Although the book requires some basic knowledge of math it is not difficult to follow. The extensive illustrations make it enjoyable even as a coffee-table decorative object.
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By bernie TOP 500 REVIEWERVINE VOICE on 30 Mar. 2010
Format: Hardcover
A set for which the Hausdorff Besicovitch dimension strictly exceeds the topological dimension.

The definition of a fractal pretty much sets the tone for the book. There are mostly definitions and monochrome diagrams to explain the more classical fractals. The book does shows some practical geometric uses for fractals but I would not let it get anywhere near my Koch Curve.

I am not being kind to this book as there is a color section in the center. That shows "The Great Wave" by Katsushika Hokusai (1760-12849.) And an extensive reference section.

The book its self could easily be used as a text book for school.

Fractals: Hunting the Hidden Dimension (Blu-ray) [Blu-ray]

An Eye For Fractals: A Graphic And Photographic Essay (Studies in Nonlinearity)
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4 of 5 people found the following review helpful By Assela on 18 Jun. 2012
Format: Hardcover
Mandelbrot is the person who introduced the fractal theory to the world in its present form. Many fields of science including geophysics have gained from fractals. However, this is not the book one should read to gain knowledge on the subject.
It is not an easily readable book. 1. It is not well-organized 2. It does not cover necessary things in detail 3. Frustratingly long in some parts. Instead the books: Feder, Fractals; Turcotte, Fractals and Chaos in Geology and Geophysics can be recommended.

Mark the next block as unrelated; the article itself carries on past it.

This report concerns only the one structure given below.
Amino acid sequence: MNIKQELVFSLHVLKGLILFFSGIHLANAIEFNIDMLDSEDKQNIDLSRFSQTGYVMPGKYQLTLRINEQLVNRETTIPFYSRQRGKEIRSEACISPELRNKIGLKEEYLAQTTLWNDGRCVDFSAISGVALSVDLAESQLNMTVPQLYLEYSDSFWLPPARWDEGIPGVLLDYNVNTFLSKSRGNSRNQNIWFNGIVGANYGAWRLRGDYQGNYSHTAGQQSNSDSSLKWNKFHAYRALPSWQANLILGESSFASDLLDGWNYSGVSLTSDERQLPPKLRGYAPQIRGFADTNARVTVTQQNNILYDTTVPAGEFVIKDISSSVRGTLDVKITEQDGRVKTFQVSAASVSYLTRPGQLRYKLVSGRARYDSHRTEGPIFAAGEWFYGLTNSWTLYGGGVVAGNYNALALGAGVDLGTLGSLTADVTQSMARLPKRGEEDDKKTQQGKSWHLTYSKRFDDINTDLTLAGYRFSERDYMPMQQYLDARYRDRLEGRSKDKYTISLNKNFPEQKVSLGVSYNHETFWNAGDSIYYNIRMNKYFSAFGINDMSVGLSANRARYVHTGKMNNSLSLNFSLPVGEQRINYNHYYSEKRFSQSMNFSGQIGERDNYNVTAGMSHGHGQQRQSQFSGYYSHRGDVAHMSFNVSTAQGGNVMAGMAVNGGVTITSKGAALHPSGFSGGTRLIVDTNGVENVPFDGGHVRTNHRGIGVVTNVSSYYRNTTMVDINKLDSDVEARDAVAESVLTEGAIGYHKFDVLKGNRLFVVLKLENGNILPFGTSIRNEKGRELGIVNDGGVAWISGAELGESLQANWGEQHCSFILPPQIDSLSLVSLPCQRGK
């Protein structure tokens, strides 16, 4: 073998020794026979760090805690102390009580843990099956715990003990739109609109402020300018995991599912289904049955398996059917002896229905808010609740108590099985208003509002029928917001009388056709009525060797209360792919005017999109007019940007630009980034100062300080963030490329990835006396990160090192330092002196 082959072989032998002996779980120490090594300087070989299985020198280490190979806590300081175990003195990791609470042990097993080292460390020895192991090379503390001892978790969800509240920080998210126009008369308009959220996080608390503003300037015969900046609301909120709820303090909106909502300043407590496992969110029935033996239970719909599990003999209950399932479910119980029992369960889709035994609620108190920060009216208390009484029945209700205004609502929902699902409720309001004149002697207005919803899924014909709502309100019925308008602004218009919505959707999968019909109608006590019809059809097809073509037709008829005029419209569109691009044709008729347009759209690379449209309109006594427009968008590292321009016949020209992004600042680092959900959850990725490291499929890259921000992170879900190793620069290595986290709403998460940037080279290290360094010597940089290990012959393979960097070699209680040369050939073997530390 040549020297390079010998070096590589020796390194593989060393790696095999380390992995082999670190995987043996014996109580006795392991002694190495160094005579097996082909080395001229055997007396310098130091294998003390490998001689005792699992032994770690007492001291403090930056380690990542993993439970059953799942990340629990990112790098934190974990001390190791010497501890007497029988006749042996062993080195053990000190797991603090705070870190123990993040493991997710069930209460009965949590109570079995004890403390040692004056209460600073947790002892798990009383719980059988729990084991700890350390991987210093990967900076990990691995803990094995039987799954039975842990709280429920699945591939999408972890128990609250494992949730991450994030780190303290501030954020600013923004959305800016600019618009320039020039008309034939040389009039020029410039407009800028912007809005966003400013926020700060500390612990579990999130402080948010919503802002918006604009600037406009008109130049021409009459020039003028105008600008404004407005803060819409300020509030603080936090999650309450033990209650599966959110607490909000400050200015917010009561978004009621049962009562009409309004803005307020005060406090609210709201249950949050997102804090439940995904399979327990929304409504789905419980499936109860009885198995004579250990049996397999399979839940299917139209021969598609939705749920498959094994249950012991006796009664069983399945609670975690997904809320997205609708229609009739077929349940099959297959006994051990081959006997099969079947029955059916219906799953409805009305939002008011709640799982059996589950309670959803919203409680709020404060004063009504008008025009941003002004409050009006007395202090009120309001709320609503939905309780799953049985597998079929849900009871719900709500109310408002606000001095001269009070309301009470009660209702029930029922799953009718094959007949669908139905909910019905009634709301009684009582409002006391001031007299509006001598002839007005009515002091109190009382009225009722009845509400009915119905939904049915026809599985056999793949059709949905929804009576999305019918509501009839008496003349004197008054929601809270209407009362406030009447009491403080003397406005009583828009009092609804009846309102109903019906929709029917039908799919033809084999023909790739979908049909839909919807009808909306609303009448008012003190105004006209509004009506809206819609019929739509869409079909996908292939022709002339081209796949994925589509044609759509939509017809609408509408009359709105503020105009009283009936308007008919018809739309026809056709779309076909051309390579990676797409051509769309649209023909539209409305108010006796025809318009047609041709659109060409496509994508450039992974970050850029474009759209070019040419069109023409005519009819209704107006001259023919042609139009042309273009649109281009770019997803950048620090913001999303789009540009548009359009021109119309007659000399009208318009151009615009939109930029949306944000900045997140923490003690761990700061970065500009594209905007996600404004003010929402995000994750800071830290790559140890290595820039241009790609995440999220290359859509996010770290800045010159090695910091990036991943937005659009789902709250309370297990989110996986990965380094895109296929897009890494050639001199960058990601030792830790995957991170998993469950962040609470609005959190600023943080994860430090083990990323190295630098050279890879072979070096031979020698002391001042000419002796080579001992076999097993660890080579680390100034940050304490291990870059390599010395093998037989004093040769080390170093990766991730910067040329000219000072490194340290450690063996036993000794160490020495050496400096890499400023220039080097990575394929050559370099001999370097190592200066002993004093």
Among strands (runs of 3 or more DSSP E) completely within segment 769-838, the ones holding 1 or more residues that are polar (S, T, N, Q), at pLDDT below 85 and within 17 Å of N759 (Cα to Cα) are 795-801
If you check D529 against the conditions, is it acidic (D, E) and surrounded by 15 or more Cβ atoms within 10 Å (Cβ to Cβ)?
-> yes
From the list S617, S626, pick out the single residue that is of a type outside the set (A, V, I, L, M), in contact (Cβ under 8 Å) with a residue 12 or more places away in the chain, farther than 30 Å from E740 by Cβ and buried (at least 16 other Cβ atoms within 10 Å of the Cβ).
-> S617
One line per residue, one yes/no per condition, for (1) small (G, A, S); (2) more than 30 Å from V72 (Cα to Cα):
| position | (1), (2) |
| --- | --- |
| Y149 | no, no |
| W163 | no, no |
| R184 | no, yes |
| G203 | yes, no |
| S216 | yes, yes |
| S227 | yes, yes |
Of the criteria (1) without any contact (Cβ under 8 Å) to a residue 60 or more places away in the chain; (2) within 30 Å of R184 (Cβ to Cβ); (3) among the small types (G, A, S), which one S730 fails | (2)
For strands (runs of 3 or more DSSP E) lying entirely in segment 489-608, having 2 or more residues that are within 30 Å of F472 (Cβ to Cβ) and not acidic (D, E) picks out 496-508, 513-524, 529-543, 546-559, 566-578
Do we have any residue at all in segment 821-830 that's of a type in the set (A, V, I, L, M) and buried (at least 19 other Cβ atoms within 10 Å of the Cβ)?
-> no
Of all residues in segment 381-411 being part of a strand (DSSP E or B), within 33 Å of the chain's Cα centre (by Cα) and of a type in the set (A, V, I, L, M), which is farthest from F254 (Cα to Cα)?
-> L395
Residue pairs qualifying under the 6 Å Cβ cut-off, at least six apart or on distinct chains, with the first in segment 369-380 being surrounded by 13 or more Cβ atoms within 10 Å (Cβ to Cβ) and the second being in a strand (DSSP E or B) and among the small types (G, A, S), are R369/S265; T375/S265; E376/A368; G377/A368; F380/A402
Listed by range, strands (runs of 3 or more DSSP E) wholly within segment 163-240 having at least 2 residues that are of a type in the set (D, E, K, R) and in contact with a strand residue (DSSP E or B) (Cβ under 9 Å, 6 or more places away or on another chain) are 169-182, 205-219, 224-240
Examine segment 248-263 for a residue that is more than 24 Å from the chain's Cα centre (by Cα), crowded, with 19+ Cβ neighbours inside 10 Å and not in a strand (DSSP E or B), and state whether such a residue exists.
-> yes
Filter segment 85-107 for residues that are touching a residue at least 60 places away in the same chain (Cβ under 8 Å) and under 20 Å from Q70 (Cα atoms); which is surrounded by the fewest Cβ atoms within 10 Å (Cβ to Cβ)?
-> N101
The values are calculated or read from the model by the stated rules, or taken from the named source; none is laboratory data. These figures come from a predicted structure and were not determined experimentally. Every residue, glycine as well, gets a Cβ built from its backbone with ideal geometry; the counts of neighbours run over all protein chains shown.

Fractal geometry may be interesting as a historical book, after one gains a sufficient knowledge on fractals.
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5 of 7 people found the following review helpful By Alun Williams VINE VOICE on 23 Jan. 2009
Format: Hardcover
This book is really a collection of disparate, fascinating, and occasionally tendentious essays written over a long period by the man after whom the world's most famous fractal is named.

The book is beautifully illustrated throughout, and since it is now quite old, many of the illustrations are beginning to acquire a period charm. It is perhaps a book that will be most appreciated by the (very) intelligent general reader: it is not the best starting point if one actually wants to learn how to construct fractals or perform computations relating to them. However, readers who learn from this book what Mandelbrot is trying to teach, will begin to see many aspects of the world in a new way.
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By mv on 2 May 2014
Format: Hardcover Verified Purchase
Excellent book, well written. Goes into detail and description and is easy to understand. It is very easy to reference.